Thursday, May 5, 2011

Dialogue and Action

Week of May 1—He Said, She Said—Dialogue in Picture Books
Thursday, May 5—Dialogue and Action

For the most part, my method of writing instruction avoids rules. After all, writers who are all bound up with rules aren’t free to write. But every once in a while, I break my rule about no rules. Below is a poster showing one of my rules.

If you haven’t read a fourth grader’s writing lately (or listened to a fourth grader conversation), this is what it’s often like:

He said that I said that she said that I said he said it. Then she said if I said it how could he have said that she said it? And I said that’s what I’ve been saying. Do you feel me?

Some picture book writers fall into the same trap as fourth graders—they rely too heavily on dialogue to tell their story. Now you know my philosophy, “If you’ve caught it, you’ve got it,” so I guess it should go without saying that I struggle with ubber-dialogue syndrome, too. The editor who eventually purchased my book, Cowboy Christmas, said something like this about my original manuscript: “Page after page of cowboys sitting around a fire talking doesn’t sound very exciting. What do you suppose the illustrator would illustrate?” (I’m sure she said it quite nicely, but I remember it being about that blunt.)

A story has action with a sprinkling of dialogue. Granted, dialogue is often essential to understanding a character, it’s that character’s actions that bring the character to life.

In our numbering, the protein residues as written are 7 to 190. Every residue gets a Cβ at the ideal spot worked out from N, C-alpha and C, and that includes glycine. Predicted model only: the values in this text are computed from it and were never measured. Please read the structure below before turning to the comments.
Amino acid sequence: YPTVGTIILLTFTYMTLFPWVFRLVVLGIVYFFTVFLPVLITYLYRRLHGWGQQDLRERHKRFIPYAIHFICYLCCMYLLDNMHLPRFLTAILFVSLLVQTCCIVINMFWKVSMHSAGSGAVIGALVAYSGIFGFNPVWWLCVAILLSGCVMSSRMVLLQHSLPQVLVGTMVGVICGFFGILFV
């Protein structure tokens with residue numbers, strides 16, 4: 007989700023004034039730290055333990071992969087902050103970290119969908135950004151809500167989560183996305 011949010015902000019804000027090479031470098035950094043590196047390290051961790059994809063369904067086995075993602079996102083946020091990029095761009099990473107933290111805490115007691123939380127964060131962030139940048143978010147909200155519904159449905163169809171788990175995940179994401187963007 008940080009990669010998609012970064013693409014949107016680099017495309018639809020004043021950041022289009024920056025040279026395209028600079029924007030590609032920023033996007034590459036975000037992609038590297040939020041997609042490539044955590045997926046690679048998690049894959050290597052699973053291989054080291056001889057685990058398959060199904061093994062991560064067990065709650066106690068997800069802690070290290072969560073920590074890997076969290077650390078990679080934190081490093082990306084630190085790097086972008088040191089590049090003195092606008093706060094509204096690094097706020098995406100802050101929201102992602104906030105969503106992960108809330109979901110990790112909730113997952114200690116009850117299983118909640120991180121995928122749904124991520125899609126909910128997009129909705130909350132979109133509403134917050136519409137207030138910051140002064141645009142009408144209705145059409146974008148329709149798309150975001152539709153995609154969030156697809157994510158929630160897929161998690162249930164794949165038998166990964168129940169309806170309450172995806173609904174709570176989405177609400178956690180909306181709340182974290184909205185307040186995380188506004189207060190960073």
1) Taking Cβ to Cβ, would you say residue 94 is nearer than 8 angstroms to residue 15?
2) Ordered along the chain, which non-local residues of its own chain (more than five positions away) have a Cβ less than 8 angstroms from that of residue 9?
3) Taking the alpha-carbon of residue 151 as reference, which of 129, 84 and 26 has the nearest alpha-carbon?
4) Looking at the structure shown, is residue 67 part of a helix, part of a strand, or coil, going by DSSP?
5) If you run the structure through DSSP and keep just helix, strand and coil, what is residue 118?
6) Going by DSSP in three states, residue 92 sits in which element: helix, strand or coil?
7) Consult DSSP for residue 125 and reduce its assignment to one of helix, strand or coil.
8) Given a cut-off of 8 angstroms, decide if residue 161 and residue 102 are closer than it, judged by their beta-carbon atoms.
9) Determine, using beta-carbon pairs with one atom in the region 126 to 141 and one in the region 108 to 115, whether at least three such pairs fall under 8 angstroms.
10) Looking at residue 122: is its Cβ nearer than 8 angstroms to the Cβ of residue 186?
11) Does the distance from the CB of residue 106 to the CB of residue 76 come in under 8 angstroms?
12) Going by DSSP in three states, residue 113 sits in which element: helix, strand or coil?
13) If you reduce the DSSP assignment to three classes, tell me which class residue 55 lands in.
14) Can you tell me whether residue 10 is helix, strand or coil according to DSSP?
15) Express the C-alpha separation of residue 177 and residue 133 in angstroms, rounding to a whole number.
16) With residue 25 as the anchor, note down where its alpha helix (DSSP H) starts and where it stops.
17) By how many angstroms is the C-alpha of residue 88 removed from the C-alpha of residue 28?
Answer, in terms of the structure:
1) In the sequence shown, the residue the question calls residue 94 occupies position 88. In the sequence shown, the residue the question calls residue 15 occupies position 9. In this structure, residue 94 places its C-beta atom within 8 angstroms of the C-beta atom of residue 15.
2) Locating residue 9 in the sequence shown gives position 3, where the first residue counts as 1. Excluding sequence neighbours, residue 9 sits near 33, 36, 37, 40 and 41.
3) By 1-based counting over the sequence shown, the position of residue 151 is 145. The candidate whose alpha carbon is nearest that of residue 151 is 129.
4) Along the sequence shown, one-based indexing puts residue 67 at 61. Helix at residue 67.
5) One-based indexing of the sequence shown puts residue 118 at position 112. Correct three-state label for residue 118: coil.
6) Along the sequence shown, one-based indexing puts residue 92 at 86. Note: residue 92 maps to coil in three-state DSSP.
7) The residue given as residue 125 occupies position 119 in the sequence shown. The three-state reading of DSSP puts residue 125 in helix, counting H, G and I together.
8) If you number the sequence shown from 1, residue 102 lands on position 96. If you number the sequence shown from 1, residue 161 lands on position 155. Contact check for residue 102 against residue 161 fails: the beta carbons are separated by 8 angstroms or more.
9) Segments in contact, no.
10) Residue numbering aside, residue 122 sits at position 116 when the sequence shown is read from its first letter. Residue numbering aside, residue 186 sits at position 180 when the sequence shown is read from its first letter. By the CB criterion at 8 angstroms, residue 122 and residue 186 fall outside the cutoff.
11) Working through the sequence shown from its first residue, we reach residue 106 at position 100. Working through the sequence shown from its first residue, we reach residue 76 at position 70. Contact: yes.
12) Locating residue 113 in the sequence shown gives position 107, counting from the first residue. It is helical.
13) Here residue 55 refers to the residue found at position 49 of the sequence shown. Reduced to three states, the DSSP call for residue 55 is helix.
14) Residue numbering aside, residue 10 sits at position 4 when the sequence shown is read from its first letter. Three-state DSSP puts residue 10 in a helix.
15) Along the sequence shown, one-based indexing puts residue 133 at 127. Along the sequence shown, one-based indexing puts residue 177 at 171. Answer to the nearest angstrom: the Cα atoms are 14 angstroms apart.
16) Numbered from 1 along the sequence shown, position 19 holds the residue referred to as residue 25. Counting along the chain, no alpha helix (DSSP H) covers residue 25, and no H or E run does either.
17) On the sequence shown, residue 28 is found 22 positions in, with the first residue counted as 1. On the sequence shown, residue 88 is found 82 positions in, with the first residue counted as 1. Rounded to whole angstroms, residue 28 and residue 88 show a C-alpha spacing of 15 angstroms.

As an example of the skillful combination of dialogue and action, let’s return to the popular Chicken Dance by Tammi Sauer and Dan Santet. When we last left Lola and Marge, they were heading to the talent show.

The chickens bumbled to the barn, found their seats, and settled in for the show.

The goats ate a tractor and scored a seven.
“Not bad,” said Marge.

The pigs formed a pyramid and scored an eight.
“I’ve seen better,” said Lola.

The cows jumped over the moon.
“That’s old!” said Lola. “We can still win this thing!”

Suddenly trumpets sounded.
The crowd gasped.
The ducks grabbed their boards and hit the water.

They scored . . .
. . . a nine.
The barnyard went wild.

Smirking at the chickens, the ducks flounced back to their seats.
“We’re on,” said Marge.
“We’re doomed,” said Lola.
The chickens shuffled onstage.
They blinked at the crowd.
And gulped.

From: Chicken Dance by Tammi Sauer and Dan Santat

Isn't that delightful? Just enough dialogue to keep us updated on how the characters are feeling, and then on with more action. This is also a perfect example of pacing in a picture book. No long descriptions, but quick, clippy writing. Take a peak at Tammi’s Mostly Monsterly for another example:

When it came time to go to school with other monsters, Bernadette felt a teensy bit nervous . . .

In Monster Moves Class, everyone practiced lurching techniques.
Except Bernadette.

“Group hug everybody!”
That didn’t go over so well.

During Creepy Noises Class, everyone work on growling skills.
Except Bernadette.

“Love me tender, love me true, I’m a Monster who loves you . . .”
Someone ate her microphone.

From: Mostly Monsterly by Tammi Sauer and Scott Magoon

Ok, I could do this all night, so I better stop while I can. But I think you get my point. Use dialogue like sprinkles on a cupcake—sprinkle on that dialogue, don’t douse the cupcake with it!

It’s Your Turn!
1. How about examining the dialogue and action in some of your picture book favorites? Type up the entire manuscript and note when and how dialogue is used and how it supports and is integrated into the action.

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